Leaders around the world are closely monitoring the conflict between the IDF and Gaza's terrorist groups. While the US is standing by Israel's side, the majority of the world's leaders called both sides to exercise restraint.
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On Wednesday, US President Barack Obama spoke to Prime Minister Benjamin Netanyahu and Egyptian President Mohamed Morsi and reiterated US support for Israel's right to self-defense in light of rocket attacks from Gaza, the White House said.
"The President urged Prime Minister Netanyahu to make every effort to avoid civilian casualties. The two agreed that Hamas needs to stop its attacks on Israel to allow the situation to de-escalate," the statement said.
"The two leaders agreed to stay in close touch in the coming days. Earlier today, Vice President Biden received a briefing from Prime Minister Netanyahu on the events in Gaza," the statement noted.
"The President also spoke with President Morsi given Egypt's central role in preserving regional security. In their conversation, President Obama condemned the rocket fire from Gaza into Israel and reiterated Israel's right to self-defense," it said.
United Nations Secretary-General Ban Ki-moon called for an "immediate de-escalation of tensions." In a statement, Ban said that "Both sides should do everything to avoid further escalation and they must respect their obligations under international humanitarian law to ensure the protection of civilians at all times."
Ban's press office said in two separate statements that he also spoke on the telephone with Netanyahu and Morsi.
"(Ban) expressed his concern (to Netanyahu) about the deteriorating situation in southern Israel and the Gaza Strip, which includes an alarming escalation of indiscriminate rocket fire from Gaza into Israel and the targeted killing by Israel of a Hamas military operative in Gaza," the UN said.
Ban also voiced his expectation that "Israeli reactions are measured so as not to provoke a new cycle of bloodshed."
He also discussed with Morsi "the need to prevent any further deterioration," the UN said in a second statement.
The UN Security Council will hold a closed emergency meeting on Wednesday night to discuss Israeli strikes against the Gaza Strip.
The US on its part backed Israel's decision to launch Operation Cloud Pillar. "We support Israel’s right to defend itself, and we encourage Israel to continue to take every effort to avoid civilian casualties," Deputy State Department spokesman Mark Toner said in a statement.
Toner added that Washington "strongly condemns the barrage of rocket fire from Gaza into southern Israel, and regrets the death and injury of innocent Israeli and Palestinian civilians caused by the ensuing violence.
"There is no justification for the violence that Hamas and other terrorist organizations are employing against the people of Israel. We call on those responsible to stop these cowardly acts immediately."
Also Wednesday, a group of five US senators issued a statement expressing their support for Israel after being briefed by Israel Ambassador in Washington Michael Oren about the situation in Israel's south.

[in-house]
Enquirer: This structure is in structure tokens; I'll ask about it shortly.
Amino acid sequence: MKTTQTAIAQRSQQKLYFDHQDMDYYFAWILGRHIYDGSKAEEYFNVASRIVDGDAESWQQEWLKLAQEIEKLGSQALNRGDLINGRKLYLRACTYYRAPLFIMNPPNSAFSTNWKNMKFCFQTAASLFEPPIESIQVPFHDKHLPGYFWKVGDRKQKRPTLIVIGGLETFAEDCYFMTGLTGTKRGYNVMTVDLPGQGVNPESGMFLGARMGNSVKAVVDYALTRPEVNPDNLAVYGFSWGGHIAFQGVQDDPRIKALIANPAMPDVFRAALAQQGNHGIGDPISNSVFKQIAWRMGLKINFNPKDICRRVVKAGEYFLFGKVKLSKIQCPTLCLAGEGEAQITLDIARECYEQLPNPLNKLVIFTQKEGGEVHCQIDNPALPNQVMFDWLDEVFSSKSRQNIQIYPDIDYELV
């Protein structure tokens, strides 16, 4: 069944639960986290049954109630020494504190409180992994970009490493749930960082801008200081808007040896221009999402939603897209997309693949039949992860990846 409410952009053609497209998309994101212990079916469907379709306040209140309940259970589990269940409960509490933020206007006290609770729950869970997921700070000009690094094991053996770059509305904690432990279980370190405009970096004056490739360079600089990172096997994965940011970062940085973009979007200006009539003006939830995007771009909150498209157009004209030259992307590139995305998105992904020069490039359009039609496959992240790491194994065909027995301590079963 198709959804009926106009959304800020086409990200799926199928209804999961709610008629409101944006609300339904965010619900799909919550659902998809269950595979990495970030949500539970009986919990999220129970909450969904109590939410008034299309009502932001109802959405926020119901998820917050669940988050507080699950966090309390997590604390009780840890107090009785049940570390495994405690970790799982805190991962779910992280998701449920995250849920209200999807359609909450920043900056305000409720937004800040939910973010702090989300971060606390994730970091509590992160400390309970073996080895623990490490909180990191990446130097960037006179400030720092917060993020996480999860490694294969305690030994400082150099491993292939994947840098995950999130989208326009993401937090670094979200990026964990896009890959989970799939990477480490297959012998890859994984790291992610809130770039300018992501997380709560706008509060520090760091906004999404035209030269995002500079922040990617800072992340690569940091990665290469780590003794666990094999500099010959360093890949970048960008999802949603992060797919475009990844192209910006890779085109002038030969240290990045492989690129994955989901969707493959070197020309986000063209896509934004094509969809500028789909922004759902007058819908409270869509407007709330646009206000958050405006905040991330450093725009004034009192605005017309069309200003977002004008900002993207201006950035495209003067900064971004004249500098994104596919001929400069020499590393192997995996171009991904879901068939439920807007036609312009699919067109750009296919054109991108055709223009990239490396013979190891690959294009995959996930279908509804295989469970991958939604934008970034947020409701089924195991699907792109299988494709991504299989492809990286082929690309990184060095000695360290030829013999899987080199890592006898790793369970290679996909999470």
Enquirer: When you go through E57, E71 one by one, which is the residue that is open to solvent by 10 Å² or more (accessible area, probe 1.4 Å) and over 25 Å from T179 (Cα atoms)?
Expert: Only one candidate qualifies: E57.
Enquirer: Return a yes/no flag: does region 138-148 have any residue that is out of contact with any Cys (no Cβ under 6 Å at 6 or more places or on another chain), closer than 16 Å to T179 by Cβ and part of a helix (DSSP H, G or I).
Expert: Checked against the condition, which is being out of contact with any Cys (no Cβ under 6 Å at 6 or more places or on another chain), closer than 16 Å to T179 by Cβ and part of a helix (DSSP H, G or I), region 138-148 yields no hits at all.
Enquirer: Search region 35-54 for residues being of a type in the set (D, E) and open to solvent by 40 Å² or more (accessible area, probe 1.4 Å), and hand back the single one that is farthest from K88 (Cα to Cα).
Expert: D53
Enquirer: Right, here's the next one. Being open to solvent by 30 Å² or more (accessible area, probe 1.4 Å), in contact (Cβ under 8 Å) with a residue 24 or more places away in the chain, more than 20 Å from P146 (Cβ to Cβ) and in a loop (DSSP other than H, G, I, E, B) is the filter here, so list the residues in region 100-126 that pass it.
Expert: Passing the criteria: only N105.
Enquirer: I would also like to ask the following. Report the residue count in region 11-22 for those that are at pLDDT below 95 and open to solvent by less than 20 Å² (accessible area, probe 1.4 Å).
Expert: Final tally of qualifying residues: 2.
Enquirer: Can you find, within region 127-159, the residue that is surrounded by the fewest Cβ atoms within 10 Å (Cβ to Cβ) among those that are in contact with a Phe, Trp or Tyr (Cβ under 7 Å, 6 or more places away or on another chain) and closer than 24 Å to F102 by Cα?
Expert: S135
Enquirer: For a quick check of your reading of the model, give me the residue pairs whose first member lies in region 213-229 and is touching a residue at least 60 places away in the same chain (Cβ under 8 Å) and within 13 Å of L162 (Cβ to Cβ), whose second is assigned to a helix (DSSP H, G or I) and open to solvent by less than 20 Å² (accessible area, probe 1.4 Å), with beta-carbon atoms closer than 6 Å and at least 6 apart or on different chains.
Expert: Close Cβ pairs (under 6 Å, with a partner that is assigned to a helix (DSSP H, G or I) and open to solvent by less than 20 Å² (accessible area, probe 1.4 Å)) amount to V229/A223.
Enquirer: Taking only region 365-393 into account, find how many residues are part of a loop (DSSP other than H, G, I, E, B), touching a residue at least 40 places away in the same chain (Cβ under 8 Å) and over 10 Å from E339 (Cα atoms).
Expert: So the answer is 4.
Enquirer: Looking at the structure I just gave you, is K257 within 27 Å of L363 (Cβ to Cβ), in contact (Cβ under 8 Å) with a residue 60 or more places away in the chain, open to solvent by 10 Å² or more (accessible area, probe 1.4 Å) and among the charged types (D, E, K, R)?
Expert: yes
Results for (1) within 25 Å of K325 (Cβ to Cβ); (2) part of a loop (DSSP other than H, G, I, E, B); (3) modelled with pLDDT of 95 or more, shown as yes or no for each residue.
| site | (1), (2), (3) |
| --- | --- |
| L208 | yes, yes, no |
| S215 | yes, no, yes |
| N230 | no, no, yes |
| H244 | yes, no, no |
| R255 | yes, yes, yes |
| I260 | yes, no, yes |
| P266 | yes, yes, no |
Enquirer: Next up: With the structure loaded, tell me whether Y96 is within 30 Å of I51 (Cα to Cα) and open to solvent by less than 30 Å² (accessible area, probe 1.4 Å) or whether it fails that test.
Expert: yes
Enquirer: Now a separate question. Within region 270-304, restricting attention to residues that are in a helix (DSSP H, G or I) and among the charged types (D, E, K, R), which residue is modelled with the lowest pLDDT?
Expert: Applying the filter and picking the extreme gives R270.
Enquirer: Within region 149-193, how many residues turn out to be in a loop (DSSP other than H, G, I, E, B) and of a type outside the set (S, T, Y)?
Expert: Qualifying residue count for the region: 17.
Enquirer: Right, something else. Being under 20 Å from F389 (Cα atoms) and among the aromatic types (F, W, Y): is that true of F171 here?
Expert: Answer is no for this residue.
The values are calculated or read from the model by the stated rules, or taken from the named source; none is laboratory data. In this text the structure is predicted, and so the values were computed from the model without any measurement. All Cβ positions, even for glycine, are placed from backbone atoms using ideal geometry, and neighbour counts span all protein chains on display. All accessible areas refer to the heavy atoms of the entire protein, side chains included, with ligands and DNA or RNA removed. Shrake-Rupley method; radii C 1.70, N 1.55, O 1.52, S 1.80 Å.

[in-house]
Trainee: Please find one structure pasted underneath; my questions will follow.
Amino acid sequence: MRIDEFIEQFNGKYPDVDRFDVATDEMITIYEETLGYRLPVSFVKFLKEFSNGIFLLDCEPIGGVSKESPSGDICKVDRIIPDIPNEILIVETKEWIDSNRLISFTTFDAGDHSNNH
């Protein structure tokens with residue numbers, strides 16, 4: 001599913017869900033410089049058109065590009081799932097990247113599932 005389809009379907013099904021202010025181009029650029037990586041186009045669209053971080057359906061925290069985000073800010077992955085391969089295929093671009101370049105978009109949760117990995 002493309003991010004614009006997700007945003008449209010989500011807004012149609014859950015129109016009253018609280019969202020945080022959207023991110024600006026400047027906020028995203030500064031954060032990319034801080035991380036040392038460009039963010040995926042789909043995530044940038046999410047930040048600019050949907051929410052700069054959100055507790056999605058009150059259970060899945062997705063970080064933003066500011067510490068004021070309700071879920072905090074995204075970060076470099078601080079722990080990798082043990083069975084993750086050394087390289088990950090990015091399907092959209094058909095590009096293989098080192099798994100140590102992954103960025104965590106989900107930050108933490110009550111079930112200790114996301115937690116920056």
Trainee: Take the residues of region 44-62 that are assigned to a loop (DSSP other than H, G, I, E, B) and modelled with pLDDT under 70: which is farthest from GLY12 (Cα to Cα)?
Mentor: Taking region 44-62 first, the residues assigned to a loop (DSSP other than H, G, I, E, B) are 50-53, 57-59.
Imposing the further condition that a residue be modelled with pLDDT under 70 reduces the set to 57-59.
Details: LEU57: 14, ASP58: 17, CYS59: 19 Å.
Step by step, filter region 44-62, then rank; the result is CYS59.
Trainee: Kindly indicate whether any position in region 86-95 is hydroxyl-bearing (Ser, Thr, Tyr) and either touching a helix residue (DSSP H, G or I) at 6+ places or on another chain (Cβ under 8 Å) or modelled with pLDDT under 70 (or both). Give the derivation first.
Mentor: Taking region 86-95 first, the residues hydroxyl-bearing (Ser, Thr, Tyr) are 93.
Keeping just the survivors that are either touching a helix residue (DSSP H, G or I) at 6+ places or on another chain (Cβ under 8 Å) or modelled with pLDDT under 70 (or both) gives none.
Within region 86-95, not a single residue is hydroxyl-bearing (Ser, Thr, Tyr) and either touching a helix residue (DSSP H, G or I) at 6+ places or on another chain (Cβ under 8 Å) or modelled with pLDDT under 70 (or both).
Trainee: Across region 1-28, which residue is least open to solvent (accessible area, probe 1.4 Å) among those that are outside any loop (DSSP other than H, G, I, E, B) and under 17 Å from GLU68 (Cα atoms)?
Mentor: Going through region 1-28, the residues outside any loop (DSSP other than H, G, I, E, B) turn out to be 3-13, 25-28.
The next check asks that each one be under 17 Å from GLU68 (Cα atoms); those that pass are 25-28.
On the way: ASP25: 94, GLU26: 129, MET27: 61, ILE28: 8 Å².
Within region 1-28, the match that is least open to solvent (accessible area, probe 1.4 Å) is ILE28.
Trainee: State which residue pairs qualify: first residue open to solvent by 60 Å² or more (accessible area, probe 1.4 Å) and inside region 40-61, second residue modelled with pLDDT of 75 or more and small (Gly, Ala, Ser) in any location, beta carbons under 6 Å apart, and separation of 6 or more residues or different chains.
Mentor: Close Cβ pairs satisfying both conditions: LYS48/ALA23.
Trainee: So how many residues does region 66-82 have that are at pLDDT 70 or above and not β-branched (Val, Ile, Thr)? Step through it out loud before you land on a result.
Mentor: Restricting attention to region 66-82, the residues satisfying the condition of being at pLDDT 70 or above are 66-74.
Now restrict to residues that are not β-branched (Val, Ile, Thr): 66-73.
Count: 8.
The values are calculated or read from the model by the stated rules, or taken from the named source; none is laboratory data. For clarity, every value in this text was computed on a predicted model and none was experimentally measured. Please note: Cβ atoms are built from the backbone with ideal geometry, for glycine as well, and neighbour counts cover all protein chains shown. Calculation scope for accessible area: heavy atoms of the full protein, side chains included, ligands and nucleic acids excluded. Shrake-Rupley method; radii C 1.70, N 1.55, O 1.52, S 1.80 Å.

The senators, Republicans and Democrats alike, said in the statement "We strongly support Israel's right to defend its people and call on those responsible for the violence to cease their attacks against Israel immediately." They denounced "the reprehensible and indiscriminate" rocket attacks launched against innocent Israeli citizens.
On the other side of the Atlantic, Britain issued a more neutral statement. "We continue to call on all sides to exercise restraint to prevent a dangerous escalation that would be in no-one's interests," a British Foreign Office statement said.
Qatar: Filthy crime
Meanwhile, leaders in the Arab world blamed Israel for the escalation.
Egyptian Foreign Minister Mohamed Kamel Amr condemned Israel’s airstrikes in Gaza remarking that “the Israeli escalation comes at a critical point in the Middle East which threatens to harshly exacerbate matters.”
The Muslim Brotherhood called on the Arab world to boycott Israel while the Freedom and Justice Party said that Cairo will not ignore the harming of Palestinians.
The party said that “this crime warrants a swift Arab and international move in order to stop the acts of carnage against the Palestinian people in Gaza which Israel’s government uses as bargaining chip as part of the political conflict in Israel."
Qatar's Foreign Minister Hamad Bin Jassim al-Thani strongly condemned the Israeli strikes in Gaza calling them "a filthy crime" that must not be ignored. "The Security Council must meet its obligation to maintain peace and security in the world," he said.
Syrian officials also commented on the recent developments. "The Syrian government condemns the barbaric acts committed by the Israeli army against the Palestinian people in Gaza." Damascus called on the international community to exert pressure on Israel to end "its aggression" in Gaza.
AP and Reuters contributed to this report
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